A quick search says you would need switch like this, you'd have to research it but a basic splitter may not work right. Plus with the switch it's probably not splitting the signal strength.

https://www.google.com/search?q=FM+t...witch&tbm=shop

I'm not that familiar with radio antennas but the TV antenna is going to connect to the cable outlet on the TV. I'd assume you'd need some kind of adapter for the antenna port.

Digital reception for TV is going to be full reception or unwatchable, there is no in between like you had with analog where it might be a bit snowy. If you are getting good reception with a $10 antenna that is the best it's going to get, don't fall into the "HD" antenna trap.

If you are getting no reception with the cheap antenna a better antenna may help.
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Old 06-21-2017, 08:26 AM
 
Location: Cleveland, Ohio
11,825 posts, read 13,961,605 times
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Quote:
Originally Posted by jacqueg View Post
4) I have also read that a plain rabbit ear antenna placed near the stereo tuner would improve radio reception, and I don't need a physical connection to the tuner.
No one commented on this, Answer: you heard wrong. An antenna will not help a radio tuner just sitting next to it.
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Old 06-21-2017, 09:04 AM
 
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A shorter answer is that an antenna that works for VHF TV will also work for FM radio since the bands overlap. You do need to connect the antenna to the radio.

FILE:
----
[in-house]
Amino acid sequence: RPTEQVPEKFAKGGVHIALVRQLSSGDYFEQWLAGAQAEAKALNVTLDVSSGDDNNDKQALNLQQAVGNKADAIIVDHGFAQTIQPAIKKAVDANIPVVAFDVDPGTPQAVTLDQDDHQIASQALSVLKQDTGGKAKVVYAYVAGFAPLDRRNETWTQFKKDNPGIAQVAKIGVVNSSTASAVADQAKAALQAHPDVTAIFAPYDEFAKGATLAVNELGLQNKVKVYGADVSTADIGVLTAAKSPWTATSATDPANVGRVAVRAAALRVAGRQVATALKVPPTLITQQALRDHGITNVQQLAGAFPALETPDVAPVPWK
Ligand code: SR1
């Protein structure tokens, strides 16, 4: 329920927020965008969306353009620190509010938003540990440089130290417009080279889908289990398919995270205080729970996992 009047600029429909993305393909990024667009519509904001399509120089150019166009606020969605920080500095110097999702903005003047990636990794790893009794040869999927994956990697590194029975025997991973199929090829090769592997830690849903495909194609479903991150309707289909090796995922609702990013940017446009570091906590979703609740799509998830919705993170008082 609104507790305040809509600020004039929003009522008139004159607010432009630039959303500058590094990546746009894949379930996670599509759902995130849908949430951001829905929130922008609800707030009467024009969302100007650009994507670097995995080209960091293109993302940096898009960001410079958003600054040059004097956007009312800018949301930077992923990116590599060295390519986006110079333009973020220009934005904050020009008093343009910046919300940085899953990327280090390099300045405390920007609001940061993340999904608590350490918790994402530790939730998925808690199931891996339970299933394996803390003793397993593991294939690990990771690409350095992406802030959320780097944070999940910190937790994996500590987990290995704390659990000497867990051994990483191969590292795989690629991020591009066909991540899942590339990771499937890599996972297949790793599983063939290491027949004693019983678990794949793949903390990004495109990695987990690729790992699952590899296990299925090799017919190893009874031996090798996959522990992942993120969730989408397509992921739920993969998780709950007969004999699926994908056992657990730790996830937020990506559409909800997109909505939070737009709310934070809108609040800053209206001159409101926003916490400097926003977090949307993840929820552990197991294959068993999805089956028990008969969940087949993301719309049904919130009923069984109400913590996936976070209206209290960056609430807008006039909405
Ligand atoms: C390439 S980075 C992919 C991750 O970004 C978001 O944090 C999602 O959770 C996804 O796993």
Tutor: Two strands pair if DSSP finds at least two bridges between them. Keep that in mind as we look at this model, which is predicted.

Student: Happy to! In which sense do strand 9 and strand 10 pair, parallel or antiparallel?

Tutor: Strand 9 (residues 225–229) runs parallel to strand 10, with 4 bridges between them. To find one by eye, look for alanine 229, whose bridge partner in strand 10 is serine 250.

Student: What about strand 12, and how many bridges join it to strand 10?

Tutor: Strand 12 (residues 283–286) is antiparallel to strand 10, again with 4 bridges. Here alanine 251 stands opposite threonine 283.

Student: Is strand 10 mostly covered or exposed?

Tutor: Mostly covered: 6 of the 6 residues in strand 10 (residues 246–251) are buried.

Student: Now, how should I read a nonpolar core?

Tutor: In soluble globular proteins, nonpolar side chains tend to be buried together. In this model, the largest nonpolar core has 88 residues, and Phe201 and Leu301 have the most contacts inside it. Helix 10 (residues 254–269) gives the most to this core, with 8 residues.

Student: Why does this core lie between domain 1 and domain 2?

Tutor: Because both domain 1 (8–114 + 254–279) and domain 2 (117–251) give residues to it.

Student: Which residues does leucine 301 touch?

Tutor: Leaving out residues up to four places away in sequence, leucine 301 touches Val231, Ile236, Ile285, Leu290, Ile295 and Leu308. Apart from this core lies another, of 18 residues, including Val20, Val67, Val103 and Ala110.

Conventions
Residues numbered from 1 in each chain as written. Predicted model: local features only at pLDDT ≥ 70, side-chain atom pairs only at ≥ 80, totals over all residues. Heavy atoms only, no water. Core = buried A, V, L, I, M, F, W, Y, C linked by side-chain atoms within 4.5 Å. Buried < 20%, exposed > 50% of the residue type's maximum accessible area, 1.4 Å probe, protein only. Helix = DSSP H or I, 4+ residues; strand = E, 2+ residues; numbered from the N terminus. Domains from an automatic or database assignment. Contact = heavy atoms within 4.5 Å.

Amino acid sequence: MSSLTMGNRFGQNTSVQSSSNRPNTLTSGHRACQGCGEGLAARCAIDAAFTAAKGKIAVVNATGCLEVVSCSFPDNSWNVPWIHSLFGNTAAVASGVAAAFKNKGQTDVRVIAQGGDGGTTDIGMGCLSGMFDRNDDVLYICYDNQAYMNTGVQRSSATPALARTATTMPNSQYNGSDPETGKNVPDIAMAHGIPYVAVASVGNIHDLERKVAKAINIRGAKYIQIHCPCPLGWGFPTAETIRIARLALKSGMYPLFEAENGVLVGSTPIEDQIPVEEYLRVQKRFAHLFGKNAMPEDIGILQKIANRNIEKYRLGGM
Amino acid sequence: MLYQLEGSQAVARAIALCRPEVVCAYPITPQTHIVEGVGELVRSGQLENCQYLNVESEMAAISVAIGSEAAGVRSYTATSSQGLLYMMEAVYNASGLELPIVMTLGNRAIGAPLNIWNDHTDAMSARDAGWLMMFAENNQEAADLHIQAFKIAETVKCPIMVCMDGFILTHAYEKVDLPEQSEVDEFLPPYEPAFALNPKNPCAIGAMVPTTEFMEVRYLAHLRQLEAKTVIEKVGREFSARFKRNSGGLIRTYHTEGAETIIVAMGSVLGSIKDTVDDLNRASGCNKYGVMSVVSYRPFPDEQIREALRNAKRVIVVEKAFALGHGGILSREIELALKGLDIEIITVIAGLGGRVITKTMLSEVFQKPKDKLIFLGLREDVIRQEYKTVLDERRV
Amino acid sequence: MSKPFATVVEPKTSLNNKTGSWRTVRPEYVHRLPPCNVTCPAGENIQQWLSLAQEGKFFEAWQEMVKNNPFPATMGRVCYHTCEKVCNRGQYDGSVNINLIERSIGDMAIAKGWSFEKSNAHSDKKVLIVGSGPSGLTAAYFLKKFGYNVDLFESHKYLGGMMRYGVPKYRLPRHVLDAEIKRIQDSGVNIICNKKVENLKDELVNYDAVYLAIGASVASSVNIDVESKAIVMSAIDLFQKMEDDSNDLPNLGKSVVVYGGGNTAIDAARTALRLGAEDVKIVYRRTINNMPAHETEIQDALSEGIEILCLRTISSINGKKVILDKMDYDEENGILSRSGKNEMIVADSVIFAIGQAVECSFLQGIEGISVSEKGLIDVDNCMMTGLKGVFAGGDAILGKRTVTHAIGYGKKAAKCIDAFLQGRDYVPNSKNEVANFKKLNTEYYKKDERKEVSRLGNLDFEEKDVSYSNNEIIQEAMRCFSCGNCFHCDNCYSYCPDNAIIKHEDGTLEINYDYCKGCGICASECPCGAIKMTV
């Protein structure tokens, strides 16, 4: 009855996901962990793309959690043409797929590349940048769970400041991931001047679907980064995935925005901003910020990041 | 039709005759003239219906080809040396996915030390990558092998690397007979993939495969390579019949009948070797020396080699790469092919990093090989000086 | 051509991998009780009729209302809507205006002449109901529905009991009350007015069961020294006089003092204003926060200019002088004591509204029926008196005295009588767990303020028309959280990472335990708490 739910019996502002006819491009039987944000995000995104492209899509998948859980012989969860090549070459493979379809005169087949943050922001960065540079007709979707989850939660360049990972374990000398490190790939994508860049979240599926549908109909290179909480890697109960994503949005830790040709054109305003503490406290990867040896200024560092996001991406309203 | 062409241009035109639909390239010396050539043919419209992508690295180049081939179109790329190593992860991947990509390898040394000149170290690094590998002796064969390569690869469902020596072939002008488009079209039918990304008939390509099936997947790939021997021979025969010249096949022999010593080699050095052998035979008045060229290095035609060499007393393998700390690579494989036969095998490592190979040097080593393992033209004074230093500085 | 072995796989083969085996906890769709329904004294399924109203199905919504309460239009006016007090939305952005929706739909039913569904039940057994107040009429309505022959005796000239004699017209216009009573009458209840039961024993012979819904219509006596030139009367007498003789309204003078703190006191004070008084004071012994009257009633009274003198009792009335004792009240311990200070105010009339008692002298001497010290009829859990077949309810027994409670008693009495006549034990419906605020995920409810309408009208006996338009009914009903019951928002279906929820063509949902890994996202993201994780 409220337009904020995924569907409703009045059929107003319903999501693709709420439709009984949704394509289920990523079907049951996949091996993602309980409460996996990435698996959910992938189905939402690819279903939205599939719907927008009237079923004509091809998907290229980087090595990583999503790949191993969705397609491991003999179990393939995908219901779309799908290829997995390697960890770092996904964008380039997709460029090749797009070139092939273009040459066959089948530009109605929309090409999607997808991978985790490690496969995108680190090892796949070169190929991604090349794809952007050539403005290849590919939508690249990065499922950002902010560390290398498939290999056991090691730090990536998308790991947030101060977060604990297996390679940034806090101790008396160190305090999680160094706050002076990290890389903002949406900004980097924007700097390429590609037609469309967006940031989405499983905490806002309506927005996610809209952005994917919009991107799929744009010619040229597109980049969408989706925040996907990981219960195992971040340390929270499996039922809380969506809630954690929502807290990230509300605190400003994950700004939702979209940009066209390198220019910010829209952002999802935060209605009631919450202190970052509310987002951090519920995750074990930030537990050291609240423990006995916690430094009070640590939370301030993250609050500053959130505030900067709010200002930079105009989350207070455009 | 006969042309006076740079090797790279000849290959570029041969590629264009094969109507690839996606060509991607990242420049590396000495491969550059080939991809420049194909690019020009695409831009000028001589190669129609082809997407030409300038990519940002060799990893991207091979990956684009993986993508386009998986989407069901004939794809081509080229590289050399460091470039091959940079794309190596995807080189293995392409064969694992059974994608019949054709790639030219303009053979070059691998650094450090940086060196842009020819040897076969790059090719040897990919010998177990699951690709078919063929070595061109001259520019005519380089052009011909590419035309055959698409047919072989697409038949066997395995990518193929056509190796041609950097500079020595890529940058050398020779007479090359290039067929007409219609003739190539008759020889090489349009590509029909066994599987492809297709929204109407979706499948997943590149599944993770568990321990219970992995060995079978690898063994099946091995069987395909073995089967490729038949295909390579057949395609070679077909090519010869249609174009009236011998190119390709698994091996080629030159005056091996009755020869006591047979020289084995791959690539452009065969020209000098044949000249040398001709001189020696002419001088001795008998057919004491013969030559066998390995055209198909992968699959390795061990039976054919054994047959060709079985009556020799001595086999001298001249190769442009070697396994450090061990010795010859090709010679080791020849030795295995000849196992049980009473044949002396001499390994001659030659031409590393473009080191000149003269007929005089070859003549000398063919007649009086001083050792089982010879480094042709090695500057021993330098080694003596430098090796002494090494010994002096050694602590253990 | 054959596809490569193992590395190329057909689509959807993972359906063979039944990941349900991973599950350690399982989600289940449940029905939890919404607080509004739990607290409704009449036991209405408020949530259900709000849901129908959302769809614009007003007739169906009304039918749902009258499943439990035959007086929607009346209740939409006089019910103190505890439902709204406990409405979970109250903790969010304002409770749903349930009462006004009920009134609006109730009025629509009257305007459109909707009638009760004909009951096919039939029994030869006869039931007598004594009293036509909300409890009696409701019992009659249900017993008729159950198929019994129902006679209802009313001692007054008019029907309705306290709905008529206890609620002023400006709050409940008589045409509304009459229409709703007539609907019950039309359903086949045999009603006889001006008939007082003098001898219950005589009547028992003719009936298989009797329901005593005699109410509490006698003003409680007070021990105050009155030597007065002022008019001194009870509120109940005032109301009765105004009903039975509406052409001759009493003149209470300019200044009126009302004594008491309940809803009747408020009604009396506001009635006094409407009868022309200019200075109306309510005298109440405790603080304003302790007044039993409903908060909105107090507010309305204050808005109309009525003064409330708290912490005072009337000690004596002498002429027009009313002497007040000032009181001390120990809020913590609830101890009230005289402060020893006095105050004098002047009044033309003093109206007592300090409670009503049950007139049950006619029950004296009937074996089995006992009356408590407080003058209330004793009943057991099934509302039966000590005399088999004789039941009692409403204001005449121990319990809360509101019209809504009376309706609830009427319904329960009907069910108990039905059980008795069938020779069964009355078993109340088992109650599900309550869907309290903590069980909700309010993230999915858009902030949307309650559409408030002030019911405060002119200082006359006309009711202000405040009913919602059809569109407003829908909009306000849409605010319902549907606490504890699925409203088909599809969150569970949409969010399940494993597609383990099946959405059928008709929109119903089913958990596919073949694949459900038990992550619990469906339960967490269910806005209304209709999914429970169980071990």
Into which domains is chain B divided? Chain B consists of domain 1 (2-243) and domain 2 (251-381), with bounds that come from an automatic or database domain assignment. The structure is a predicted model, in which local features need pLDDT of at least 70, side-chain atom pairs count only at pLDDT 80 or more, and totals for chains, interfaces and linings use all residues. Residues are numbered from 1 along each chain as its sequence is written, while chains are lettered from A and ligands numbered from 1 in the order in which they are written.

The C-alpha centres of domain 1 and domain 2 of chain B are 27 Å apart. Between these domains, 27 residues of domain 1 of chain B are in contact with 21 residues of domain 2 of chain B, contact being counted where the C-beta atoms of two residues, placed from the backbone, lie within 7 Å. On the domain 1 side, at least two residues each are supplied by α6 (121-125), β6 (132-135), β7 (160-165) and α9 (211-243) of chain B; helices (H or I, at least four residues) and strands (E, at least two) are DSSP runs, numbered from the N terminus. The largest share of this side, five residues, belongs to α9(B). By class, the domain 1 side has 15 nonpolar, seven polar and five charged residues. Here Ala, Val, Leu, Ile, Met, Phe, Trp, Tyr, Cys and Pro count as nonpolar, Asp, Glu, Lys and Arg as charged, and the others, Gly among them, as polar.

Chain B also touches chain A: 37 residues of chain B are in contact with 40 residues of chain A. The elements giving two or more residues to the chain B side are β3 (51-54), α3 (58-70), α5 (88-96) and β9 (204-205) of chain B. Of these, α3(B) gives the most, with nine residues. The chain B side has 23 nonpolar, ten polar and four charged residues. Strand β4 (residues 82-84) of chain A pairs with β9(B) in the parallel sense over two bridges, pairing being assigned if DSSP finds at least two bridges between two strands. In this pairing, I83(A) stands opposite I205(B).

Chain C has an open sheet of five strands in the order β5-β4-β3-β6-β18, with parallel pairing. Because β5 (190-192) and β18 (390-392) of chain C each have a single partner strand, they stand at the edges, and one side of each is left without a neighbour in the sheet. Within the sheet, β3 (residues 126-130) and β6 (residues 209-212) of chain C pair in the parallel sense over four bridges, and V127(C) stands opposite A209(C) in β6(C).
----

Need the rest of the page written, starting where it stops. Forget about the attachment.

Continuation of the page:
A UHF antenna will do nothing for radio.

AM radio needs a long wire for best reception, but no one bothers.
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Old 06-21-2017, 09:18 AM
 
10,167 posts, read 10,486,953 times
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Quote:
Originally Posted by d4g4m View Post
A TV antenna is also a FM radio antenna.
Very high frequency (VHF) is the ITU designation for the range of radio frequency electromagnetic waves (radio waves) from 30 MHz to 300 MHz, with corresponding wavelengths of ten to one meters.

Television channels are 6 Mhz wide while radio channels are 0.2 Mhz wide.

54–72 MHz TV channels 2 through 4 (VHF-Lo)
76–88 MHz TV channels 5 through 6 (VHF-Lo)
87.5–108 MHz: FM radio broadcasting
174–216 MHz television channels 7 through 13 (VHF-Hi)

FM radio commercial broadcasting began just before WWII and television broadcasting began just after WWII using VHF frequencies. These frequencies are very noisy for digital television, but these channels are still used in the USA. In particular VHF-Lo has largely been abandoned in Europe for broadcast television. UHF frequencies are used exclusively in many countries.

You may have problems picking up stations. In Philadelphia, ABC broadcasts on channel 6, and when the signal went digital many people couldn't pick up the station anymore.

Last edited by PacoMartin; 06-21-2017 at 09:54 AM..
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Old 06-21-2017, 10:31 AM
 
2,896 posts, read 1,701,905 times
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Paco, did you read the OP's question? I thought not. Your explanation, while technically correct, goes way beyond what the OP needs to know. For instance, how relevant is channel width to antenna performance?

The important fact for the OP is that a VHF antenna (unless it's one of the highly directional tuned yagis?) will work. You gave the "why" without really explaining "why" which is because the FM band sits between the two VHF TV bands, so any antenna that covers both lower and upper VHF TV bands should cover FM too.